Chock me up on the side that wishing things is no big deal as long as you don't translate this into action. I am in fact someone with a rather overdeveloped sense of (Jewish) guilt and I used to feel a lot of guilt over things that I wished for. As an example, when I was growing up in D.C., I was always wishing for snowstorms not only because I didn't mind the day off from school but because I am really into meteorology. (I still get excited by snowstorms, etc.) When the Air Florida jet crashed into the Potomac during one such storm, I remember feeling very guilty about wishing for something that had caused so many people to lose their lives.

Anyway, when I was in therapy in my mid-20s, I once talked to my therapist about this and he asked me, "Do you believe in magical thinking...i.e., that your wishes somehow affect what happens?" When I told him that I didn't, he asked me why I was then at all concerned about my wishes as long as it didn't affect my actions. That was really enlightening and I have tried hard to use this line of thinking to fight such misplaced guilt to this day.

By the way, another situation where it comes in handy: I have been friends with many women over the years who I would have liked to be more than "just friends" with. I used to beat myself up a lot over whether I was secretly hoping the relationship will go badly and they will break up with their boyfriends. Now I try simply not to worry about it! As long as I am supportive of them and their relationship (and certainly don't try to undermine it in any way), who gives a fuck what I might or might not be hoping for!?! [Although, I must say that when I've gone rock climbing with these women and their boyfriends and end up belaying their boyfriends, I do try to make a habit of checking the system very consciously--- 'cause I trust my superego to behave well but I do worry a little bit about my subconscious id!

Ferrous
09-06-2001, 04:16 PM
SCYLLA,
I sorta-kinda agree with your sentiments, but I have a few points to make:

1. What's wrong with "mental masturbation"? Do you object to the physical kind too?

2: Regarding this statement:

"The kind of person I would like to be: I think the day I wish somebody was dead is the day I go and do the job"

Well, me too, sort of, but you might want to consider something called cost/benefit analysis.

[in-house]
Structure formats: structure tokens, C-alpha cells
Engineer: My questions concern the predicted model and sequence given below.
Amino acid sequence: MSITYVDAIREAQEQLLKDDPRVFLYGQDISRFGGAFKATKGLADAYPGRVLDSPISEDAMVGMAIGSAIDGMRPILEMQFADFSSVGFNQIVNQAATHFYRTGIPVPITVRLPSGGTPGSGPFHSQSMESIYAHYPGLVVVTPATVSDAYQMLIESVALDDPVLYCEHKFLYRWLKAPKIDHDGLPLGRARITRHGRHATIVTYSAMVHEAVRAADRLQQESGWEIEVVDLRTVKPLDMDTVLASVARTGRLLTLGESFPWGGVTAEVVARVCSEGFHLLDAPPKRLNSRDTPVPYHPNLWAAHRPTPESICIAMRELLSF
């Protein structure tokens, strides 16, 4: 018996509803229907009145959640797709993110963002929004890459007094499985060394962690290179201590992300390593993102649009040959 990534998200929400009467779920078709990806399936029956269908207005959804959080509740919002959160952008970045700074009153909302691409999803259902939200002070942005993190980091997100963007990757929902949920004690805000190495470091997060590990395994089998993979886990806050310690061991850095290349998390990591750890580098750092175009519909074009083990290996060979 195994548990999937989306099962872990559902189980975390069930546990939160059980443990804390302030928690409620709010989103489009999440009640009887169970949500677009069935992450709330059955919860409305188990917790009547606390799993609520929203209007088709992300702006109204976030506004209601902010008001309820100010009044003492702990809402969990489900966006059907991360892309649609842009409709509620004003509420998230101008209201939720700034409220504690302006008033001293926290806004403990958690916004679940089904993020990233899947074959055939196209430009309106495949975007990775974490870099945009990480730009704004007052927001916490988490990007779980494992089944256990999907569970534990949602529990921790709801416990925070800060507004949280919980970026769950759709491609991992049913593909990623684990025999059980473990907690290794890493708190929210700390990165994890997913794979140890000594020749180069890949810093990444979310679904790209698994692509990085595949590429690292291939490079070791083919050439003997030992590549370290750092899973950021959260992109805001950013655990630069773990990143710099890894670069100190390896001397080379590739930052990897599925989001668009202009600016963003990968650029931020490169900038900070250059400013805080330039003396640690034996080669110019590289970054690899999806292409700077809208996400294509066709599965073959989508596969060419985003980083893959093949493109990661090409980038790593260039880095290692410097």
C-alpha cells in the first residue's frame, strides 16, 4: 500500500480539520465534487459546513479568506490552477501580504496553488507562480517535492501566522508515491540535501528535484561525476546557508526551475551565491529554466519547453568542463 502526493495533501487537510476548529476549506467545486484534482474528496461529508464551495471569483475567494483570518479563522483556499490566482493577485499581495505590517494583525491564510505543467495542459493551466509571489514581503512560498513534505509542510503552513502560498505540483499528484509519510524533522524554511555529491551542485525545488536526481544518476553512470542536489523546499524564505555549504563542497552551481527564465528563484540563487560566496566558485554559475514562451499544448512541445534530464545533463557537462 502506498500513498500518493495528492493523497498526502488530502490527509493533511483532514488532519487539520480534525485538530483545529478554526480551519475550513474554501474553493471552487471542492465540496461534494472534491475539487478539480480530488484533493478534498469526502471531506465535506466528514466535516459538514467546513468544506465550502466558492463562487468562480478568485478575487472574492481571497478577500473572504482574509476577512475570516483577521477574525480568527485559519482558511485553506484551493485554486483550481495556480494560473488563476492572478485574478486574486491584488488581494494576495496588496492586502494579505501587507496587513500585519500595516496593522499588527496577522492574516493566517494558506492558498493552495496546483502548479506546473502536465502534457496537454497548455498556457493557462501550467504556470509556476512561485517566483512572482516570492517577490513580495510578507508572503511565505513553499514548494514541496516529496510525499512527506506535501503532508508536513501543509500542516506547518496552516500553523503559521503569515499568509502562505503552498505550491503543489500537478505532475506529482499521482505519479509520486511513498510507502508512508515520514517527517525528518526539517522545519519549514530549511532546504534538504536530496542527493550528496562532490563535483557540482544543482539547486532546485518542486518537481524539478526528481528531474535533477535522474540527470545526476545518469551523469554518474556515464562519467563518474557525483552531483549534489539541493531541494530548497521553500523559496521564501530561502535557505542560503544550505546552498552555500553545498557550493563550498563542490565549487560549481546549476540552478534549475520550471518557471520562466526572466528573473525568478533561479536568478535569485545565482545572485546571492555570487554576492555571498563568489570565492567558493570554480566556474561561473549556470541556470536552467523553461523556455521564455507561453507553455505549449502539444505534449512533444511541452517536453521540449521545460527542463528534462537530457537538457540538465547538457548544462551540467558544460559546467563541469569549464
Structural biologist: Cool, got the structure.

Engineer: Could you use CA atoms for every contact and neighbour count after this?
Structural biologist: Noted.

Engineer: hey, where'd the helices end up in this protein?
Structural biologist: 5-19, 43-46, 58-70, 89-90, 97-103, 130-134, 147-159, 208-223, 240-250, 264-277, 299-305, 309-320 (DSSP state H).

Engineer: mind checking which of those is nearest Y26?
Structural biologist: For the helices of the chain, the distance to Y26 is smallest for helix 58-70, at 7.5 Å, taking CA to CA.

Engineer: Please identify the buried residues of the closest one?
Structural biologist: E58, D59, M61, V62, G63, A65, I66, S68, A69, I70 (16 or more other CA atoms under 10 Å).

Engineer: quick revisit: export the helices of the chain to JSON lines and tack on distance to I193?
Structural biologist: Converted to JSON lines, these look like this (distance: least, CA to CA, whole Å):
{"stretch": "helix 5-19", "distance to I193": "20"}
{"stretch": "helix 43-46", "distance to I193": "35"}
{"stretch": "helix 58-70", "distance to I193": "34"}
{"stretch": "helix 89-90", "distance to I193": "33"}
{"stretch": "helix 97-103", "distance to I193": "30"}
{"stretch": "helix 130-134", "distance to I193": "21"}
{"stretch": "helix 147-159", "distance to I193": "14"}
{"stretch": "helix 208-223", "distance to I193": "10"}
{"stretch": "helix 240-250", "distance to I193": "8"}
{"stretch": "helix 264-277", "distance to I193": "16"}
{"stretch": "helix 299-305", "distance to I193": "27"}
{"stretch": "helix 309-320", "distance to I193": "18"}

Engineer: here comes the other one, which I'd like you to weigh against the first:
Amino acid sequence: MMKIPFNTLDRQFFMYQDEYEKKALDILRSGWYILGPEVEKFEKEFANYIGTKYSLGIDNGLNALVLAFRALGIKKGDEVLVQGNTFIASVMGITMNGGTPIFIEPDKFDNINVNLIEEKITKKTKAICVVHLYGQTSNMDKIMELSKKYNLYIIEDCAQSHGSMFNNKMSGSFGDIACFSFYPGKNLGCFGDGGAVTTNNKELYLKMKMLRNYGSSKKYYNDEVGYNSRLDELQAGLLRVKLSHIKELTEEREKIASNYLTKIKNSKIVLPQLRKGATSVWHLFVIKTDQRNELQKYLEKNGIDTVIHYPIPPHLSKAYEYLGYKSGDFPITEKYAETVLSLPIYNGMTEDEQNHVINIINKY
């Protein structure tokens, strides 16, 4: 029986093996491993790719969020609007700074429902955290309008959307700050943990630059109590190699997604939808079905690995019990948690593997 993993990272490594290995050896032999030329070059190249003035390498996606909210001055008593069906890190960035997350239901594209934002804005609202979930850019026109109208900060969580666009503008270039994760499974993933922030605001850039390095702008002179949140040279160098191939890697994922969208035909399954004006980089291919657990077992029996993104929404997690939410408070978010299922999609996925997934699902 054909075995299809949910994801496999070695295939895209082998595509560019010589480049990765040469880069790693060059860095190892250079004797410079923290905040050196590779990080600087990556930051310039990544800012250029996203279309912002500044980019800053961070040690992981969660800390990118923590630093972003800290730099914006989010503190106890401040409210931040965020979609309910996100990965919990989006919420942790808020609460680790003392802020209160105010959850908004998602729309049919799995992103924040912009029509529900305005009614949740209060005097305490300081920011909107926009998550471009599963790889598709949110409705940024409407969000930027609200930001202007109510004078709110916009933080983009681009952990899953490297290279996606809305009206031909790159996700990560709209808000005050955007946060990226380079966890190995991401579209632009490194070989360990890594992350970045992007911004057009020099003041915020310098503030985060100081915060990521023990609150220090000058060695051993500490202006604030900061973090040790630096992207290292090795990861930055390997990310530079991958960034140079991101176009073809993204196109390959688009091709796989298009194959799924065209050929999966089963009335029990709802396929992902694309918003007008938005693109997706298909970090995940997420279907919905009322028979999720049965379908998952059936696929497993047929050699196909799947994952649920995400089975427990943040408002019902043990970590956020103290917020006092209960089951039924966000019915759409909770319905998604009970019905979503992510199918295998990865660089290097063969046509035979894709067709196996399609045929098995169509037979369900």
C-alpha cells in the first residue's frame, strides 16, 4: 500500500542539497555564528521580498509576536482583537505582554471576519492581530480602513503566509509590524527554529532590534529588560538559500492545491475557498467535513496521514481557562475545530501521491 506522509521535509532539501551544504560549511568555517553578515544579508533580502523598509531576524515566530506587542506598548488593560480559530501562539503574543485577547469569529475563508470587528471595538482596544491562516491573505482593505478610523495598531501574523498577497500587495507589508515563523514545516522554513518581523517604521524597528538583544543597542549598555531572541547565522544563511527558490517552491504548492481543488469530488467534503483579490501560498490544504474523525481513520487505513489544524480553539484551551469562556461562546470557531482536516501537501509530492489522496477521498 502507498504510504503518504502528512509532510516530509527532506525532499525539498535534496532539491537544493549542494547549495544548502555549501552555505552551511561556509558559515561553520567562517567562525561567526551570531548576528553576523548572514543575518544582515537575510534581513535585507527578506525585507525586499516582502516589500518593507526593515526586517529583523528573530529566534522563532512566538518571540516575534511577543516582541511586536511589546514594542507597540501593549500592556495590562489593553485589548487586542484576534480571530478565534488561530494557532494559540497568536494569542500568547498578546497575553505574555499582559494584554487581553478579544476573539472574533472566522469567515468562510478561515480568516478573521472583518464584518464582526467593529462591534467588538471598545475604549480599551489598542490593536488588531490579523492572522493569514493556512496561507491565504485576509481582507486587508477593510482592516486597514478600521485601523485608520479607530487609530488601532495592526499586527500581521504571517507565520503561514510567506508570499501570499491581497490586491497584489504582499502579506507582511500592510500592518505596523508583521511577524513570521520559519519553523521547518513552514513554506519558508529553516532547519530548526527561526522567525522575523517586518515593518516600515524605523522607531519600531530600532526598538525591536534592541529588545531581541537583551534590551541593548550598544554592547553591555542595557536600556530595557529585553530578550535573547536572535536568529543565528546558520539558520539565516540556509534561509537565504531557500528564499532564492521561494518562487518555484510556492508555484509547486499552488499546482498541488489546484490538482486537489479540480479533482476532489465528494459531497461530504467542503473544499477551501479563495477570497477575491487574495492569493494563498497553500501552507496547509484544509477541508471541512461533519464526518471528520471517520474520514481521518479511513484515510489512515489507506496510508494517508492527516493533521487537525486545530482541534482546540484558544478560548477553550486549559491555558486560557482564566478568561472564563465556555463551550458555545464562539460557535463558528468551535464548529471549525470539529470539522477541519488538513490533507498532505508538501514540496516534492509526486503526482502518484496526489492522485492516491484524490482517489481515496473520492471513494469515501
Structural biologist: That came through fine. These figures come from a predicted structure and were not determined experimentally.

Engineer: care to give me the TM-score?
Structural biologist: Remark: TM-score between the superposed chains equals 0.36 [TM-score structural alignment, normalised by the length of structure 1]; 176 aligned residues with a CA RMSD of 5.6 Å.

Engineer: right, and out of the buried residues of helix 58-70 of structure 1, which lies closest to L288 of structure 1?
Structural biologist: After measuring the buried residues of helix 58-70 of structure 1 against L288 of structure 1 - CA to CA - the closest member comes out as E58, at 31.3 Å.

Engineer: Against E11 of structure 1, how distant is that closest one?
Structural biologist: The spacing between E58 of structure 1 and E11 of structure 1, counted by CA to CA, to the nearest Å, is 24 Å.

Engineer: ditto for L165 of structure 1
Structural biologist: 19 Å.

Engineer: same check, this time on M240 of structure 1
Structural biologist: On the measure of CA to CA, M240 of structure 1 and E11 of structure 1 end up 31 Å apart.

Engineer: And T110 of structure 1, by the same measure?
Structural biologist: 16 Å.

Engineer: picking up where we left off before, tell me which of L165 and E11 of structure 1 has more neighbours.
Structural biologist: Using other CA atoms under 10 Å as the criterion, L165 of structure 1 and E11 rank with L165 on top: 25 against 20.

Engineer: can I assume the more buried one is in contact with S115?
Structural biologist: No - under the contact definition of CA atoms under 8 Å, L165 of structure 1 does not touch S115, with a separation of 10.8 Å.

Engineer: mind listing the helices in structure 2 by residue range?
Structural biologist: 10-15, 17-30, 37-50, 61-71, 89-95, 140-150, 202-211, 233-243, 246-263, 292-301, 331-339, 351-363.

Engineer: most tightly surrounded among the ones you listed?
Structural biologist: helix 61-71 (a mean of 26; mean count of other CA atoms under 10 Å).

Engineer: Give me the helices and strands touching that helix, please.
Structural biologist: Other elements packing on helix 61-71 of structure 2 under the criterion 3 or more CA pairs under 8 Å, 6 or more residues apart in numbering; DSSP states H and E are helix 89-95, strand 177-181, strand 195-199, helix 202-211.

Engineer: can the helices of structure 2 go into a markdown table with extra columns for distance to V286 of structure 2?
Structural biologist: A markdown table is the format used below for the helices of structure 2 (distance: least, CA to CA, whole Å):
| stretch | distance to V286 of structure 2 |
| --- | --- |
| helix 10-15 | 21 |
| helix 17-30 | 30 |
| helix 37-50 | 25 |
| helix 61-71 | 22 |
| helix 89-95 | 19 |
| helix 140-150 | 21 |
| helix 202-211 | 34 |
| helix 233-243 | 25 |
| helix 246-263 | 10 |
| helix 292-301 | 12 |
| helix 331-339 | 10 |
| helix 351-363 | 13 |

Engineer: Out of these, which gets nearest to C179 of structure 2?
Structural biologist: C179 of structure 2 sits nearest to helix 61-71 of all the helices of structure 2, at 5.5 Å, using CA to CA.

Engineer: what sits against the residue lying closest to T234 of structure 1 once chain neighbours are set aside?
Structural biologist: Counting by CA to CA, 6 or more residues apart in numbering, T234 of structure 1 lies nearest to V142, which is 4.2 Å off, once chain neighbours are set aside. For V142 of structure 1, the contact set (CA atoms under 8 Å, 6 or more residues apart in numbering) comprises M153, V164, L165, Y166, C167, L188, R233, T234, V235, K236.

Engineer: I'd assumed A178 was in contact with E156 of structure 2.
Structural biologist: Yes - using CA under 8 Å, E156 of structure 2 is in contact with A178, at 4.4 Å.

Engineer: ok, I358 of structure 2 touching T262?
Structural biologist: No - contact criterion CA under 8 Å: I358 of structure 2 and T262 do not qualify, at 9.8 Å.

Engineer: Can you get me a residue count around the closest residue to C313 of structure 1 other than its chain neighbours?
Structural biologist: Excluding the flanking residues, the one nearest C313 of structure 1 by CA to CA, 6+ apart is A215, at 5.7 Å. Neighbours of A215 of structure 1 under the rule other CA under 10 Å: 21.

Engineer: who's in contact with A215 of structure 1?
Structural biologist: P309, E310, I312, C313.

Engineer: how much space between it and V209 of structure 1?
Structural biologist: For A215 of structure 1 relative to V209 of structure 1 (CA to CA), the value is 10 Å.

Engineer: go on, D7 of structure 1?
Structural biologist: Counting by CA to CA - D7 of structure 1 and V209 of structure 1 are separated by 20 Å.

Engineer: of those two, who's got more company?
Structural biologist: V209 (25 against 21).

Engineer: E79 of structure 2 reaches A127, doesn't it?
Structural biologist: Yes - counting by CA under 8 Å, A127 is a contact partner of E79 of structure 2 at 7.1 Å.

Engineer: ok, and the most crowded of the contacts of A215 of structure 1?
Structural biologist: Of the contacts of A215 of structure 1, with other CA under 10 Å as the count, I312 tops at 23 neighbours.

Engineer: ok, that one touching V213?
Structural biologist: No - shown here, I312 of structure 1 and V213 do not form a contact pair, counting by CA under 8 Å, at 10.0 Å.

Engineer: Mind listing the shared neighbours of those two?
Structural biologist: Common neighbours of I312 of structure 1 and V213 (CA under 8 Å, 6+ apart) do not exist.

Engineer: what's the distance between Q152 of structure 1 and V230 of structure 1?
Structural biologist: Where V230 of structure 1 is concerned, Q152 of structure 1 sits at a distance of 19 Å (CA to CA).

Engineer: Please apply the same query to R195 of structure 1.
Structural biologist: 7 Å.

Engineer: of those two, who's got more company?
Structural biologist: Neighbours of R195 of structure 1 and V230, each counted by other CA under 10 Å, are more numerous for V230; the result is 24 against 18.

Now, I regret to say I am not politically well-informed enough to have much in the way of personal feelings about the object of the death wishes in the thread that spawned this one (and I won't mention his name, since this thread is about the general issue of death wishes, rather than discussions of his character), but from what I've heard he is pretty reprehensible. So for the sake of argument, let's say I wish he were dead. Do I do it?
No.
Why?
Because if I did I would lose my own life, or be locked up for most if not all of my life. Or at best live as a fugitive. I don't want him dead THAT badly.
I could take the position that society as a whole would benefit more from his passing than it would be harmed by mine, but I'm not that altruistic.

UncleBeer,
I don't really disagree with any of your points either, but have one observation regarding your statement:

"I'm sure I don't need to post a lengthy discourse on the philosophy of Humanism, but it is, in the most basic terms a system of thought that centers on human beings and their values, capacities, and worth. It emphasizes the dignity of the individual. One central tenet has it that man is a rational being, possessing a capacity for truth and goodness."

I agree that everyone has the capacity, but that doesn't mean that all people fulfill that capacity. Despite what we tell our kids, there ARE "bad guys" out there.

Eliahna
09-07-2001, 12:39 PM
Is it wrong to wish someone dead in someone else's place?

That's my situation. I wonder why the powers that be took a nice, polite, intelligent, handsome young man who had the world at his feet, and yet left a mean, manipulative, dumb, ugly, rude, selfish cow of a woman alive.

I wish she was dead and he was alive.

Wishing's not going to change a damn thing, though time will bring half my wish true. Yet I feel like I'm soiling my soul wishing people dead.... It's just not right.

And there are two I wish were dead. The other is a man, much older than the dead man or the living cow so I don't think of them in the same way.

While I feel guilt at wishing people would die, I guess I could say that the people I hate to death aren't blameless. Both have earned my eternal hatred by their own actions, and if I wish them dead, it's only because of what they have done in the first place. She might not have done anything as bad as he did, but she's such a waste of existence. She may not have broken the law, but she's committed crimes against people, she's a homewrecker and constantly hurts people because she's selfish and self-centered. If she was dead, she'd be mourned by a few, but I think many would be saved some heart-ache. If she'd died three years ago, two children would still have a father, one man would still have his credibility, one teenager wouldn't have been lead astray, one relationship wouldn't have been tested by her antics, and I'm sure she's done so many more things that I know nothing about. Then again, maybe she's done someone somewhere some good. Who am I to interfer in the running of the world?